To Tweet Or Not To Tweet - InformationWeek

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Infrastructure // PC & Servers
12:02 AM
Michael Hickins
Michael Hickins

To Tweet Or Not To Tweet

Just think about this: the National Football League may be more enlightened than New York Times sports writer Judy Batista, who ragged on Donte' Stallworth for posting what she considered a flippant Tweet.

Just think about this: the National Football League may be more enlightened than New York Times sports writer Judy Batista, who ragged on Donte' Stallworth for posting what she considered a flippant Tweet.Stallworth, who served a 30-day sentence for killing a man while driving under the influence, and has just been suspended by the NFL for a full year, tweeted: "TO ALL MY FAM IN THE LEAGUE: GOD BLESS YALL, STAY HEALTHY, GOOD LUCK THIS SEASON!!!"

According to Batista, this indicates that "he has perhaps not quite grasped the severity of the situation." But she later describes earlier expressions of contrition, implying that either she thinks his contrition was insincere, or that he doesn't grasp the nuance of the 140-character limit.

I, for one, don't see Stallworth's tweet as contradicting his other expressions of remorse. He's allowed to wish his colleagues good luck, isn't he? Maybe Batista would have been less offended if he hadn't used all caps -- who knows.

I do find, however, that most of the objections to athletes tweeting are either condescending (athletes don't know what they're doing) or anachronistically authoritarian (we'll control the messaging, thank you very much).

Even though the NFL (a.k.a. the "No Fun League" because of restrictions on whipping Sharpies out of socks or miming phone calls after scoring) came down on San Diego Charger Antonio Cromartie for taking to Twitter to complain about the team's food choices, it has actually shown the good sense to leave most Twitter policing to individual teams.

(Cromartie's tweet is actually hilarious: Man we have 2 have the most nasty food of any team. Damn can we upgrade 4 str8 years the same ish maybe that's y we can't we the SB we need.")

But one condescending sportswriter actually had the temerity to write that Twitter isn't what the founding fathers had in mind when they wrote the Constitution.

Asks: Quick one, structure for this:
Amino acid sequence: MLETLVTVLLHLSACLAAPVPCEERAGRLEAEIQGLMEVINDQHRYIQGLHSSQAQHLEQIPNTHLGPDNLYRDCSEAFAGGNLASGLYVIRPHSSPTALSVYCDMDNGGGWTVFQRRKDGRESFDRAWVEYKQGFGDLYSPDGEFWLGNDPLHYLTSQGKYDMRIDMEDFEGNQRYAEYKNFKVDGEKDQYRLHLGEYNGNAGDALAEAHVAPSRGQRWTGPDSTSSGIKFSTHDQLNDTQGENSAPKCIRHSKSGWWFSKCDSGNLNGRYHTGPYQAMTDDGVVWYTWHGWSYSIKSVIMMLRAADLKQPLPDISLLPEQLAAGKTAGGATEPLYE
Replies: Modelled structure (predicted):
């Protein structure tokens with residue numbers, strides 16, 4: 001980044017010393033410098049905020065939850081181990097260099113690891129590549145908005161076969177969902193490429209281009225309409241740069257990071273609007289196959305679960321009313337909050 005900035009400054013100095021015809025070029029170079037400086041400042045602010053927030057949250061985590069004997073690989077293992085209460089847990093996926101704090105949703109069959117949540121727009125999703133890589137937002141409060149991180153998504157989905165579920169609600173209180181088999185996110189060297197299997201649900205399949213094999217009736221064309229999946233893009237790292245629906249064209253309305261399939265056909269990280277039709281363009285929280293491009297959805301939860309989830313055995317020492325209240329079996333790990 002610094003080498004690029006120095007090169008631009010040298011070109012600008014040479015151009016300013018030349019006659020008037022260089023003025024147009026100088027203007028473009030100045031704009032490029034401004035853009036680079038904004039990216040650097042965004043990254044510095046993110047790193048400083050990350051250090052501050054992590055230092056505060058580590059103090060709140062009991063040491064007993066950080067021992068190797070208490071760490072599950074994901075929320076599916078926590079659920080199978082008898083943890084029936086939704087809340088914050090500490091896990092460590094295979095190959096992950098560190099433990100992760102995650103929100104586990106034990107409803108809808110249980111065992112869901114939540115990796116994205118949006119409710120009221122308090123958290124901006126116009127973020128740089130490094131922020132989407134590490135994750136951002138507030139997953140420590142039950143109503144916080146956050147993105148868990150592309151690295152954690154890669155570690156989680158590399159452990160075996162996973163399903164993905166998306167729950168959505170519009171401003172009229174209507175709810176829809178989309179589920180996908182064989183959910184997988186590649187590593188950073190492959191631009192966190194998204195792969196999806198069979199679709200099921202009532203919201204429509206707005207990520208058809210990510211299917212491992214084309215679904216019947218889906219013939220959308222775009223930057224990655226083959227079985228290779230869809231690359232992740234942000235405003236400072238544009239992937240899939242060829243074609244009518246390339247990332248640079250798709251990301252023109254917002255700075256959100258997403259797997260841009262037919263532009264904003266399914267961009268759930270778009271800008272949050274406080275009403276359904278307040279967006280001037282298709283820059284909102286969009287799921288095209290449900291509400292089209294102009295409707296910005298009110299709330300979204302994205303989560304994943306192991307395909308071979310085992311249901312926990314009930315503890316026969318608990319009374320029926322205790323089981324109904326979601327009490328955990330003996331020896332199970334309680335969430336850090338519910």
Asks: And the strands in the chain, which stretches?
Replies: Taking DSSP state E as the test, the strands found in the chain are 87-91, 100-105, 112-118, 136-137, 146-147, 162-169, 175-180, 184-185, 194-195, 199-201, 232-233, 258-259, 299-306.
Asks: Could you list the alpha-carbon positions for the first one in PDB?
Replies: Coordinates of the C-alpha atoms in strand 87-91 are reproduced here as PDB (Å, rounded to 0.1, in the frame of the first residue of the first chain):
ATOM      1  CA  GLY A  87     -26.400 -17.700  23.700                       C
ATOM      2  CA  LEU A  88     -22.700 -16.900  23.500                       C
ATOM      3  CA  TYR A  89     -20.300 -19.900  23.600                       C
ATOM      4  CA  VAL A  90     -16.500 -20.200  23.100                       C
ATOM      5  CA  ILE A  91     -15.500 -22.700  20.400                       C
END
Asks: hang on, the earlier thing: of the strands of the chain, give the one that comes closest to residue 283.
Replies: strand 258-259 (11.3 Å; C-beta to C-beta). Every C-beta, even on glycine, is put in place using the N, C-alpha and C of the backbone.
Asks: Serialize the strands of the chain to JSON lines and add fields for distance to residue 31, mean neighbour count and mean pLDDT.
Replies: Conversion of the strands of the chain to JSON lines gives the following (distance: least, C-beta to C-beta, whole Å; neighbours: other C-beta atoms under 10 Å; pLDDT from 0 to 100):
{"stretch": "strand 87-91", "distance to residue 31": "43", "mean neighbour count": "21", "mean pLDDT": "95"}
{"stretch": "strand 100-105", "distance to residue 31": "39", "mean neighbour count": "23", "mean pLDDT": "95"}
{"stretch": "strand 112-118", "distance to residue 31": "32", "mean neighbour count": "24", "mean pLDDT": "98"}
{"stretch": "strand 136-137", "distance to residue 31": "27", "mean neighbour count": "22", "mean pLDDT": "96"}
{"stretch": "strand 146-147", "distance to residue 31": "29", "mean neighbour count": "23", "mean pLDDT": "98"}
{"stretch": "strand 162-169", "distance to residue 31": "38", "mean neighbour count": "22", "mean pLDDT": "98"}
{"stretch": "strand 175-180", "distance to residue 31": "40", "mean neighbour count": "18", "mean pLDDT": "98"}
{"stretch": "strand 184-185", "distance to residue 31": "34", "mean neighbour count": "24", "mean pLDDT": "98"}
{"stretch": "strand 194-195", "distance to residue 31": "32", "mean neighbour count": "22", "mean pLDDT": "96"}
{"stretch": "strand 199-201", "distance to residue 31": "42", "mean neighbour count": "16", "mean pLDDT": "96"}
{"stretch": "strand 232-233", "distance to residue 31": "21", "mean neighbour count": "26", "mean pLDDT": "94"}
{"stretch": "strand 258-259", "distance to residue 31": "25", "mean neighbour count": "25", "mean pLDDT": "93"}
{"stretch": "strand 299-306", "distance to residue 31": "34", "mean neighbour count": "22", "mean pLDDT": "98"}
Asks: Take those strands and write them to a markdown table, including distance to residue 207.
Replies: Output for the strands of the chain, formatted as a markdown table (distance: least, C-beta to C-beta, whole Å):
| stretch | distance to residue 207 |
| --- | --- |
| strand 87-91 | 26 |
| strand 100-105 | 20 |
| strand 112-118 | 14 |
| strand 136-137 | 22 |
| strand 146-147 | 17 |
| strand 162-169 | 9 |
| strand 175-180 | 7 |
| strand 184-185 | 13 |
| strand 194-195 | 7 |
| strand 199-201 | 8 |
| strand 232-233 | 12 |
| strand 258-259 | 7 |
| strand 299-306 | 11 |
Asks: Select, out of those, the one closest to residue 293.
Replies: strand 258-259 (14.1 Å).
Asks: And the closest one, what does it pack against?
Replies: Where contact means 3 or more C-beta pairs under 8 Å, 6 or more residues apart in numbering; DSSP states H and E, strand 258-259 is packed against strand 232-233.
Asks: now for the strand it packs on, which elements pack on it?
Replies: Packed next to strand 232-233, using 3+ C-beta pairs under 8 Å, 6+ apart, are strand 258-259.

I doubt they had the Internet or even typewriters in mind either. The Chicago Tribune's Bob Verdi might be a Luddite when it comes to Twitter, but his perspective is a lot more constructive:

If Lance Armstrong can communicate with his legion of admirers, why must the Packers risk a $1,700 fine for connecting to their people? I mean, if you're stuck in Green Bay, you probably are looking for a friend but will settle for a stranger. Besides, how much danger can you create in 140 characters?

The NFL did ban game-time Tweeting, and I think that's a mistake as well. I seriously doubt any player is going to Tweet on the sidelines instead of game-planning with their coaches. But would it hurt if they Tweeted instead of pacing up and down the sidelines?

I know it would increase my enjoyment of the game tremendously if my favorite player Tweeted about a play he just made -- or even better, one he didn't. No more waiting for a sideline reporter to corner him after the game, only to hear him say a sanitized "my bad" after dropping a potential game-winning catch. Maybe on the spur of the moment he'd Tweet, "damn QB threw a rocket. No1 cudda caught that."

It might make purists wince, but it would add more immediacy, candor and, frankly, actual human interest.

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